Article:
Some of the unique parts of game revolve around portals that allow you to travel to other parts of the ship, sometimes into rooms where gravity is turned ninety degrees or sometimes completely upside-down. This makes things sort of interesting as you never really know what to expect when you enter a portal and it takes a few seconds to get oriented to your new surroundings. At some points, alien enemies will emerge from a portal on the ceiling or walls of the room you are walking through, which added another dimension not usually found in first-person shooters. I found myself entering a room and no knowing where to expect attacks from, making the game a lot more tense than it would normally have been. When I found out that I couldn’t really die, and that I just had to shoot some spirits to regain health until I was brought back to life, getting jumped by aliens wasn’t so nerve-wracking anymore. As a matter of fact, the game is way too easy. Even the ability to walk on walls gets old and you have to fall back to the plot to hold your interest. I believe I’ve already covered that disappointment.

Straight gangsta!

It’s hard to recommend a game that is interesting for about two of its roughly sixteen hours, even though the parts that are fun are worth experiencing. The gravity tricks are fun at first, but the repetition and insultingly bad plot are too hard to overcome. The spirit-walking provides for some interesting puzzles, but it’s painfully obvious when the game wants you to use the power. I think the thing that turned me off the most was that the hero is a complete jerk and it’s impossible to root for or care about him. When the first act you have your player carry out is the murder of two men, you’re in for a bad ride. For plusses, the game looks and sounds great, but this is the XBox 360 and that’s nothing special at this point. If this is what a decade in development produces, maybe I don’t want to see Duke Nukem: Forever after all.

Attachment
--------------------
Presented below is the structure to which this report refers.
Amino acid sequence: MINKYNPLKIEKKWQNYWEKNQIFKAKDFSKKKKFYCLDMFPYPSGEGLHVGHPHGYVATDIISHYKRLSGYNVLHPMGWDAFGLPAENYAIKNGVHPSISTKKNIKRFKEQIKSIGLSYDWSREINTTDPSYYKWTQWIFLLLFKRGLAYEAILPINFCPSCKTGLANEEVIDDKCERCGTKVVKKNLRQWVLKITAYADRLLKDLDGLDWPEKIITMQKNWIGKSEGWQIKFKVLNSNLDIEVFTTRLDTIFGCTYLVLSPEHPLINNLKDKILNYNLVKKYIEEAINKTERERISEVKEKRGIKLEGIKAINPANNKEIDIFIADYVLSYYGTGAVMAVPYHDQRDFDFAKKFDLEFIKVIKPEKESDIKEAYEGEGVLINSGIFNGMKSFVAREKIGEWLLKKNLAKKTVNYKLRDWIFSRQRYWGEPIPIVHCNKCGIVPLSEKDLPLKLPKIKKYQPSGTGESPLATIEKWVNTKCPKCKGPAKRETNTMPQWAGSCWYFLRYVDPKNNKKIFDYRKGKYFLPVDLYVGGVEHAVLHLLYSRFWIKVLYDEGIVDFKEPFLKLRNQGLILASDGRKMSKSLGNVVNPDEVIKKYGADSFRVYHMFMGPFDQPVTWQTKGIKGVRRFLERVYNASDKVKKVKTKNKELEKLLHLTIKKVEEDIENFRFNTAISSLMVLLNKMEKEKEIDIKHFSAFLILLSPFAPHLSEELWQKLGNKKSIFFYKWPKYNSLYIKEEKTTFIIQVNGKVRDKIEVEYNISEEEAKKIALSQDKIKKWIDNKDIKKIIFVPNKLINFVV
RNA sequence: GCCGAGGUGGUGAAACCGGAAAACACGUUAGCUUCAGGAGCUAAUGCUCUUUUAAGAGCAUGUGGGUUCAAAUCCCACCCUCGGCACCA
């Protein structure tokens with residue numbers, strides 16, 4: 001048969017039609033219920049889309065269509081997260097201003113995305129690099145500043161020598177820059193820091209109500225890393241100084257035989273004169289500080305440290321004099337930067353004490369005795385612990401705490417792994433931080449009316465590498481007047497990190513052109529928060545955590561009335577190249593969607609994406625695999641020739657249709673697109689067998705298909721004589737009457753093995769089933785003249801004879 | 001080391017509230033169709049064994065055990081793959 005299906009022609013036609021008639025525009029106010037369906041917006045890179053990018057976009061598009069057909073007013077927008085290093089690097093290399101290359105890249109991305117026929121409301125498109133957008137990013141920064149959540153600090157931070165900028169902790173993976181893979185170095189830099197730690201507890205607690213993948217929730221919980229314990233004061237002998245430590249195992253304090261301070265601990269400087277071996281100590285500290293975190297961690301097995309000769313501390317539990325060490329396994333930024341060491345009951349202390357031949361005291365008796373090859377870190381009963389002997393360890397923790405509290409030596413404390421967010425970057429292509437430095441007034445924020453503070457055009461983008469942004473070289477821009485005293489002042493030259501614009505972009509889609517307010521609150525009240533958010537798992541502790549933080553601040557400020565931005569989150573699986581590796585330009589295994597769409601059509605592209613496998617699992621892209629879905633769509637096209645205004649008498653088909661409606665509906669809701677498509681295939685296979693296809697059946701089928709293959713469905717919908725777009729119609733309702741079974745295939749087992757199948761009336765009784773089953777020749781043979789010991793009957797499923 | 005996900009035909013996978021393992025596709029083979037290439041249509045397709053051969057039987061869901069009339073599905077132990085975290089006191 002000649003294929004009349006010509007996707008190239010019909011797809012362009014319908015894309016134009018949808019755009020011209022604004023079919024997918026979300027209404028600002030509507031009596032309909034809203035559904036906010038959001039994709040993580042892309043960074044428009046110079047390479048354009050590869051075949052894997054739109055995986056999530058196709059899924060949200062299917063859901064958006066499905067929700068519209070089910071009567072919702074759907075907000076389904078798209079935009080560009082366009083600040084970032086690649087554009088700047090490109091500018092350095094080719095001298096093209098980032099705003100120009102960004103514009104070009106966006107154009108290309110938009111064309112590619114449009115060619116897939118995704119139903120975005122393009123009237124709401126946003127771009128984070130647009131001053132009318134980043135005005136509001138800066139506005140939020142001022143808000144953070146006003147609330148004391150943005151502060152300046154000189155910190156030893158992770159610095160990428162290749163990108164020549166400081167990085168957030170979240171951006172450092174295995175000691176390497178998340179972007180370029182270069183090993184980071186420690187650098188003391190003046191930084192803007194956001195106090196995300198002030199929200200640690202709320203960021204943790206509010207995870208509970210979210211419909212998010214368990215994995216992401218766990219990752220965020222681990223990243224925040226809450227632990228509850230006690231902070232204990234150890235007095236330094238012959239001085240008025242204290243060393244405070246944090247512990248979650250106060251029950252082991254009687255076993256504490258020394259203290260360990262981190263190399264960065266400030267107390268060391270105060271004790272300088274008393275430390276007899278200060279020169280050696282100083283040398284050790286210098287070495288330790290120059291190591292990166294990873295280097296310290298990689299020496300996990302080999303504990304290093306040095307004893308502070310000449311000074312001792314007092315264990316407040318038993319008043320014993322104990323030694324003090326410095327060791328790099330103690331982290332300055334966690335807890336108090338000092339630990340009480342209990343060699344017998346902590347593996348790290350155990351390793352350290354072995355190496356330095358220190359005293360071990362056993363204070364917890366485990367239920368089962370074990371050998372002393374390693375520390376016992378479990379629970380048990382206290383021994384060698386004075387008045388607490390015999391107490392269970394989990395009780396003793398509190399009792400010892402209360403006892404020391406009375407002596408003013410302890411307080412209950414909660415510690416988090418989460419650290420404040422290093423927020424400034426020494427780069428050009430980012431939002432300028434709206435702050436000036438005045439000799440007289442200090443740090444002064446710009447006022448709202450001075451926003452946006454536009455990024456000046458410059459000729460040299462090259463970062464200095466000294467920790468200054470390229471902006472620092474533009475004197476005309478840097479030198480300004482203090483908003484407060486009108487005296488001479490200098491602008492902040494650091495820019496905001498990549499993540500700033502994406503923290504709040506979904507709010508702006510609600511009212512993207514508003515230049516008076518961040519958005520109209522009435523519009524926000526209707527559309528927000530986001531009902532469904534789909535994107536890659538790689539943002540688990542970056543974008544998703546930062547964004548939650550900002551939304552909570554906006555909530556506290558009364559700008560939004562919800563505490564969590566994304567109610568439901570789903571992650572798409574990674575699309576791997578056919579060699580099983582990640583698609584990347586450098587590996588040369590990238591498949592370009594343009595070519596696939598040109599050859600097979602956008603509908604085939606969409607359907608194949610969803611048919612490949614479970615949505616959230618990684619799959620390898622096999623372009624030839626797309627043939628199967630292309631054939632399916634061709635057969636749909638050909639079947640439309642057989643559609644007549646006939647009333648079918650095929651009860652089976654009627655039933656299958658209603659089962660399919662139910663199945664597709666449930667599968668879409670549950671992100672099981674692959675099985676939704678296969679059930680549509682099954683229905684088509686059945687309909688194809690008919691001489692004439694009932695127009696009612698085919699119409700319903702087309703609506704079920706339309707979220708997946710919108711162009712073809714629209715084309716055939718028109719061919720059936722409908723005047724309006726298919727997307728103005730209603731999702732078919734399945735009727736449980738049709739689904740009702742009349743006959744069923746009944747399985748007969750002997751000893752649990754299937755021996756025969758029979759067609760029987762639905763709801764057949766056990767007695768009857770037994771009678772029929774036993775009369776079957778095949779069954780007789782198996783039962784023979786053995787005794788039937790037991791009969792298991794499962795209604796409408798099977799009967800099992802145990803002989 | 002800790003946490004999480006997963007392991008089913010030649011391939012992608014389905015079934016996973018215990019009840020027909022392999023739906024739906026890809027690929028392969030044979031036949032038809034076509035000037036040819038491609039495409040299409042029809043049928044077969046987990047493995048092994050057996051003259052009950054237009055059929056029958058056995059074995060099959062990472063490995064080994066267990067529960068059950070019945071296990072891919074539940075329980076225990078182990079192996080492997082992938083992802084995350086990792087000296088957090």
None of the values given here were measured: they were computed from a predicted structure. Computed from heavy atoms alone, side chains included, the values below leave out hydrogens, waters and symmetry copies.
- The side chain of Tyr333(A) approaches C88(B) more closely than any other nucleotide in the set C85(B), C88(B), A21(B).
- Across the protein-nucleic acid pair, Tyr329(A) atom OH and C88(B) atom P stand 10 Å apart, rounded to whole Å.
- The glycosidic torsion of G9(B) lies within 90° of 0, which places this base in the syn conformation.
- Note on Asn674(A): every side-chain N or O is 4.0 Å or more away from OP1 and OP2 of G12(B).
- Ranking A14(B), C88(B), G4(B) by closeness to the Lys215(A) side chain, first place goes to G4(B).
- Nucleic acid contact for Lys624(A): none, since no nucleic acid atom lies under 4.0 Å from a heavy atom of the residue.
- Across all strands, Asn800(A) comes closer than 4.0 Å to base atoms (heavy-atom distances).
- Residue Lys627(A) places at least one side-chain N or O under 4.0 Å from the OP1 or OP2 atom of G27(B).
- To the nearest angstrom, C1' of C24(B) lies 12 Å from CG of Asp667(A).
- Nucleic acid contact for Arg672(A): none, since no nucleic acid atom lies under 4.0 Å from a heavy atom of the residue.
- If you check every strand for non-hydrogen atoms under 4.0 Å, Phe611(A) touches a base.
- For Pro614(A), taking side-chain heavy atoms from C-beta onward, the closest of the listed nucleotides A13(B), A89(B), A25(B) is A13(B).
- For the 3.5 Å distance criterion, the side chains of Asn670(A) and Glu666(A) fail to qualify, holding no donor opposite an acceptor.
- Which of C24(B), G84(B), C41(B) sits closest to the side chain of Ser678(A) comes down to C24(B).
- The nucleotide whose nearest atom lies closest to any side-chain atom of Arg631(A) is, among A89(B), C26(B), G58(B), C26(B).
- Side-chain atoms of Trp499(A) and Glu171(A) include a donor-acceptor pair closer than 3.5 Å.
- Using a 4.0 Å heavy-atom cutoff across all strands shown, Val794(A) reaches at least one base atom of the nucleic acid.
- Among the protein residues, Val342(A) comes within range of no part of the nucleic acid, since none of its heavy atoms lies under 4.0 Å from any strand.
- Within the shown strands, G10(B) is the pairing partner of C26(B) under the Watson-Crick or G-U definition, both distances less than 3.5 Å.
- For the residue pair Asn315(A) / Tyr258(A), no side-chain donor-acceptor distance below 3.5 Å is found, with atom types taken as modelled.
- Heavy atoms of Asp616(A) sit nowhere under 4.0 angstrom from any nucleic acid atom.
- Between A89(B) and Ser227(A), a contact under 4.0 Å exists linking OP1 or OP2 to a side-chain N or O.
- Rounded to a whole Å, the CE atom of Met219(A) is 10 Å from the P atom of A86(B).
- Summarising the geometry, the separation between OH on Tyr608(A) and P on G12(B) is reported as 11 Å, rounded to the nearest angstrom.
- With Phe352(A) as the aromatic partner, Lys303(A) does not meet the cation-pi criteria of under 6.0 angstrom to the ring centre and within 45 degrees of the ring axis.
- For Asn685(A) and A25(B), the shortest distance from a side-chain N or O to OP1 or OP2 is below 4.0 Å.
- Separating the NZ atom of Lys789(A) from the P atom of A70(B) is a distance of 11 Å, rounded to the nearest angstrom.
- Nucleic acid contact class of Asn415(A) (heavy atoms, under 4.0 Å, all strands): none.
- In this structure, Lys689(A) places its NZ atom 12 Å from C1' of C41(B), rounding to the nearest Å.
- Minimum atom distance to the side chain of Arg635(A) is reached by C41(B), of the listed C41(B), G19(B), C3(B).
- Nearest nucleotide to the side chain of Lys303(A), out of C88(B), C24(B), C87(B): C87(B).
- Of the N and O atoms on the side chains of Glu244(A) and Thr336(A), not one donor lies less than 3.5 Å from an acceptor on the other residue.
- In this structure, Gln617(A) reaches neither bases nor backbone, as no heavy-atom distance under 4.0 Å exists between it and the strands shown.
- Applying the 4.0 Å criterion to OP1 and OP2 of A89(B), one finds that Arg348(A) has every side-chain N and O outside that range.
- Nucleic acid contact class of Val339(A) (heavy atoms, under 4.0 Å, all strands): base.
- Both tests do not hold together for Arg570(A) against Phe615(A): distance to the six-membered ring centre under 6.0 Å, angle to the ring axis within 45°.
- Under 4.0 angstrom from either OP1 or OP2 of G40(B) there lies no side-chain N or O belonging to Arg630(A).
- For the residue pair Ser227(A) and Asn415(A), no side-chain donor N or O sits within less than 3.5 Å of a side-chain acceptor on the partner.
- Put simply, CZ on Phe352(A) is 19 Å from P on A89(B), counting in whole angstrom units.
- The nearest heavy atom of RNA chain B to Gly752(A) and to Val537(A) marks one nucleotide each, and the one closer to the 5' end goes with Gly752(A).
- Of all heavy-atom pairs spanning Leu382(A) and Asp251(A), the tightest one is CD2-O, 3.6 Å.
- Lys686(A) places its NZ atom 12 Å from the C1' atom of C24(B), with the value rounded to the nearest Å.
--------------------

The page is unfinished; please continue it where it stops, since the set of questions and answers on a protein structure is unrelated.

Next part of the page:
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17 years ago

I think this is a fantastic review, because I felt the exact same way about Prey just by playing the demo, and I feared that meant the rest of the game would get really stale after a while.  Of course, none of the reviews out there ever seemed to have the guts to say either way.  Now I know.  Thanks Tony, for looking out for the readers!

17 years ago

Yeah, I also played the demo and felt it to be way too repetitive and boring. And not the dying thing is a weird design decision. There would never be any urgency, making it even more boring. It’s funny too, the game has been in development for so long, but Valve is making Portal in less than a year and it looks far more interesting and innovative.